The Bass Tuba Question

Discussion in 'The Rehearsal Room' started by brassneck, Jul 27, 2005.


What is the bass player's role in brass bands?

  1. A player can only specialise in either EEb or BBb. No further discussion!

    14 vote(s)
  2. Modern day tuba players should be able to play both.

    25 vote(s)
  1. brassneck

    brassneck Active Member

    Whenever I see a band advertising for a bass player, they always want either an EEb or a BBb. Rarely do we see an advert for a tuba player (in general) to join a section. Surely, as bass players tend to buy deeper and bigger rimmed mouthpieces and are expected to comfortably play in the pedal registers as well as occasionally using ledger lines above, the modern tubist should be able to play either EEb or BBb in the brass band? Some of the top bands regularly have had players utilise both positions successfully over the past decade or so! Are we stereo-typing the positions now because of tradition?
  2. johnmartin

    johnmartin Active Member

    I do hope that was a typo :)

    In response to your question I would say that from personal experience I cannot switch between Eb and Bb bass. I find it very difficult to mentally pitch notes on the Bb, although moving up to euph/bari I do not have the same problem. I could no doubt play Bb after a couple of weeks retraining but it's not an instrument I am particularly at ease with. On the other hand both of our Bb players can switch to Eb with comparitive ease.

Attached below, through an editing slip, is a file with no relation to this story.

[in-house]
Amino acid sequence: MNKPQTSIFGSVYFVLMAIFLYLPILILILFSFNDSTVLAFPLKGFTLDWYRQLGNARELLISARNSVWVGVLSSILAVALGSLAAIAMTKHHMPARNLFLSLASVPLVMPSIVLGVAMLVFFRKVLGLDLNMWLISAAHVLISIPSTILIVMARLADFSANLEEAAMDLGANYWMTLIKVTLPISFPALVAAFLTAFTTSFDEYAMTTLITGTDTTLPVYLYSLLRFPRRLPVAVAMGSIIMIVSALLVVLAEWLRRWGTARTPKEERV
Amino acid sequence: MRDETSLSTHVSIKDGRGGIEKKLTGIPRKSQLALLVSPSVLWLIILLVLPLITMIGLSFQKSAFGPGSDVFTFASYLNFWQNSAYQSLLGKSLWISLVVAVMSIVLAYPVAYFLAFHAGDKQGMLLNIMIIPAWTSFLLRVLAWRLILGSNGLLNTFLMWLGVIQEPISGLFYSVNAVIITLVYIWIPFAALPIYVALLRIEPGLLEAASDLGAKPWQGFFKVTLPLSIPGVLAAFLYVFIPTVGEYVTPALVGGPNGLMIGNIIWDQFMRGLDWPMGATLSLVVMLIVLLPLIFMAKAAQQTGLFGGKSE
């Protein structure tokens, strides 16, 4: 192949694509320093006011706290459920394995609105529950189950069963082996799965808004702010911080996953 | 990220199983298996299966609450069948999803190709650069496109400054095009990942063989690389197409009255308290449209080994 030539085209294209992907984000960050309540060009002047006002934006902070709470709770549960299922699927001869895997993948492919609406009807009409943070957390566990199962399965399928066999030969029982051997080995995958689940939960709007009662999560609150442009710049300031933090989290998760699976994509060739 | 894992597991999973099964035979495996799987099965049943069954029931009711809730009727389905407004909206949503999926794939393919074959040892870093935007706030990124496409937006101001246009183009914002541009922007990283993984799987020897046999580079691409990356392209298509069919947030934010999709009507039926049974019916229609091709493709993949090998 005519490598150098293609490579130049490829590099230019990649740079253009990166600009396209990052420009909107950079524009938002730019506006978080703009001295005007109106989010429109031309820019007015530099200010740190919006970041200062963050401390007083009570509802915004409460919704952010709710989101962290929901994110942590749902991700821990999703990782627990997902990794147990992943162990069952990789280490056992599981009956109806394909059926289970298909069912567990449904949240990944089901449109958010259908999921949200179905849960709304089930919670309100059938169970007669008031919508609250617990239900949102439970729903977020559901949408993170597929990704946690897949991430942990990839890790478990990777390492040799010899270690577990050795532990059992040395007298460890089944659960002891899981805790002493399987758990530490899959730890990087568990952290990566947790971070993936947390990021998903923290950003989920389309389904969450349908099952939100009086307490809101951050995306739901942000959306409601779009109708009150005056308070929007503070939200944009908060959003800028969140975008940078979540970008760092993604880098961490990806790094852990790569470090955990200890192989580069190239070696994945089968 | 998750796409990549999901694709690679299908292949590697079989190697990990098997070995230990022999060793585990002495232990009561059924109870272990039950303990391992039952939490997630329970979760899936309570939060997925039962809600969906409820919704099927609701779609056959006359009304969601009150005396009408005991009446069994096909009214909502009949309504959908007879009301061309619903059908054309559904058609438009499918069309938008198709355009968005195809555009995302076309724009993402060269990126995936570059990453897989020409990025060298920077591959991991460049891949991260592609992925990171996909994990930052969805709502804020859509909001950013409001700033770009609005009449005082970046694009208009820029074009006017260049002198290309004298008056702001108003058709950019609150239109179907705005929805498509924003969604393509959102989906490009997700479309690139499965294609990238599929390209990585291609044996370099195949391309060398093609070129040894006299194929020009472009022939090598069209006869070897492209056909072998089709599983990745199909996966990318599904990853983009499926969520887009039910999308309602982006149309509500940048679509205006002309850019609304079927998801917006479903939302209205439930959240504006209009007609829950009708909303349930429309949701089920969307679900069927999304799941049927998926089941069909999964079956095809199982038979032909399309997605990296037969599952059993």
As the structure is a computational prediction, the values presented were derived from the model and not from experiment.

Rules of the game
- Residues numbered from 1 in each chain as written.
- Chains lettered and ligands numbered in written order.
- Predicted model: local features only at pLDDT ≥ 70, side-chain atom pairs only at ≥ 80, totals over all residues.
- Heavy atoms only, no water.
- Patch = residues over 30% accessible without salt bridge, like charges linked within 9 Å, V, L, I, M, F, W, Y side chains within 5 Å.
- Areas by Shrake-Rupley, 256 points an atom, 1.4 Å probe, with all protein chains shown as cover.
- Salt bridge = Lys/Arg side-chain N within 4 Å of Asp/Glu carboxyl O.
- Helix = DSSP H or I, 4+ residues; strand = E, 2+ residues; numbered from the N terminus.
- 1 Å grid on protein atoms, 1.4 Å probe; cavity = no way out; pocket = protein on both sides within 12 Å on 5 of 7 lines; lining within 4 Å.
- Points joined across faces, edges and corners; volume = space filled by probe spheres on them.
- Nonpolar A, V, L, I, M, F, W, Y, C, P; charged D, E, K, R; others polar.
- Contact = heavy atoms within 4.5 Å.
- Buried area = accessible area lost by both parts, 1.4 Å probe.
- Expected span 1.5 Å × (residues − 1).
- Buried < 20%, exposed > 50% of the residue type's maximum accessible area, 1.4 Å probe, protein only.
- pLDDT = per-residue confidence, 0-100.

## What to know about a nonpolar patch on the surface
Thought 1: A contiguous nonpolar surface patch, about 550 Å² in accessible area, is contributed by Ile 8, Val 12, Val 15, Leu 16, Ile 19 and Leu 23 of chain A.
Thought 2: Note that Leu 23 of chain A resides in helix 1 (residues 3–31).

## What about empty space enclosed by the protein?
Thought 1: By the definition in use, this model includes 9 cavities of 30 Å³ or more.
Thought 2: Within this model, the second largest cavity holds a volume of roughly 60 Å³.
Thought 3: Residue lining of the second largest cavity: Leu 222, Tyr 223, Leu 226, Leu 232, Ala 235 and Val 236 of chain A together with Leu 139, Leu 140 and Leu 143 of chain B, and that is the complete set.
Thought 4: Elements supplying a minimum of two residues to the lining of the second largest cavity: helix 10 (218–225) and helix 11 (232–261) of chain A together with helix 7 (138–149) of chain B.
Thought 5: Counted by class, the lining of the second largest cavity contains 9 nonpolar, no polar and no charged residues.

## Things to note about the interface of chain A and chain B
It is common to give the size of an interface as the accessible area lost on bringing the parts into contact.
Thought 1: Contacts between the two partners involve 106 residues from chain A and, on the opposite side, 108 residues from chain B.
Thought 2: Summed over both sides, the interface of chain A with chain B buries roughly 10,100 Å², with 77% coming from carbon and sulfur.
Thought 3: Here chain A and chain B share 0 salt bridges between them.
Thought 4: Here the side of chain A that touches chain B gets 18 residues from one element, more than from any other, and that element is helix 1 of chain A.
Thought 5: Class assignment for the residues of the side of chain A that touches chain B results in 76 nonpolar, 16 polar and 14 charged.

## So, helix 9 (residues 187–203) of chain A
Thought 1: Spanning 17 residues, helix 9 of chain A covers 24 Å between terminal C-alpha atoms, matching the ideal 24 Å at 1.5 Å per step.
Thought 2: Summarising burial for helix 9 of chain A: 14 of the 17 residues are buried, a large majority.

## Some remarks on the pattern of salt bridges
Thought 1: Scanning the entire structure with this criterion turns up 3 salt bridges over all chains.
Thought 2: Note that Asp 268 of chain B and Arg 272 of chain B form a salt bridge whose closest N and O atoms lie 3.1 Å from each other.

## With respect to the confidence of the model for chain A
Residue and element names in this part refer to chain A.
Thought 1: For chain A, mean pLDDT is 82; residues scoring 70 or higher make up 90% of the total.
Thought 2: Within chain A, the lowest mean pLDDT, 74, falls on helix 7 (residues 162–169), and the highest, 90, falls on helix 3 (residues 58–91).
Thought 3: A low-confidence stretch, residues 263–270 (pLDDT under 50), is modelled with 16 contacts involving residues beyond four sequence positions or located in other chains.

3. brassneck

    brassneck Active Member

    :eek: :oops: :eek: :oops: :eek: :oops: ..... Oops! I've now corrected my typo! (... heheheh! better not put ideas into people's heads!).
  4. PeterBale

    PeterBale Moderator Staff Member

    I think that ideally players should be able to switch from one to the other, but I do accept that the Bb bass is a beast that not everyone is able to come to terms with, and particularly someone who's been more used to playing smaller instruments. (In the light of the shortage of bass-players in some areas, it is also very helpful if you can play either part on either instrument, or should we rephrase the question to read " . . . play both EEb and BBb at the same time" :?: :shock: ;) )
  5. JDH

    JDH Member

    Because the tuba music in brass bands is written in treble clef, the pitching is different. This means from my experience that it is not easy to swop back and forth, as many players cannot hear the other pitch straight off. There are some clever ones who can go back and forth, but not most bass players.

    Of course, many bass players prefer one, or the other - they are very different beasts to play. The Eb is really a bass tuba and the BBb a contrabass tuba.

    Lastly, those of us tuba players which also play in an orchestra, prefer Eb bass because the treble clef Eb music is the same pitch, bar for key signature to the bass clef music in the orchestra.

    For those reasons the vacancy should always be advertised as Eb bass, or BBb bass ;)
  6. brassneck

    brassneck Active Member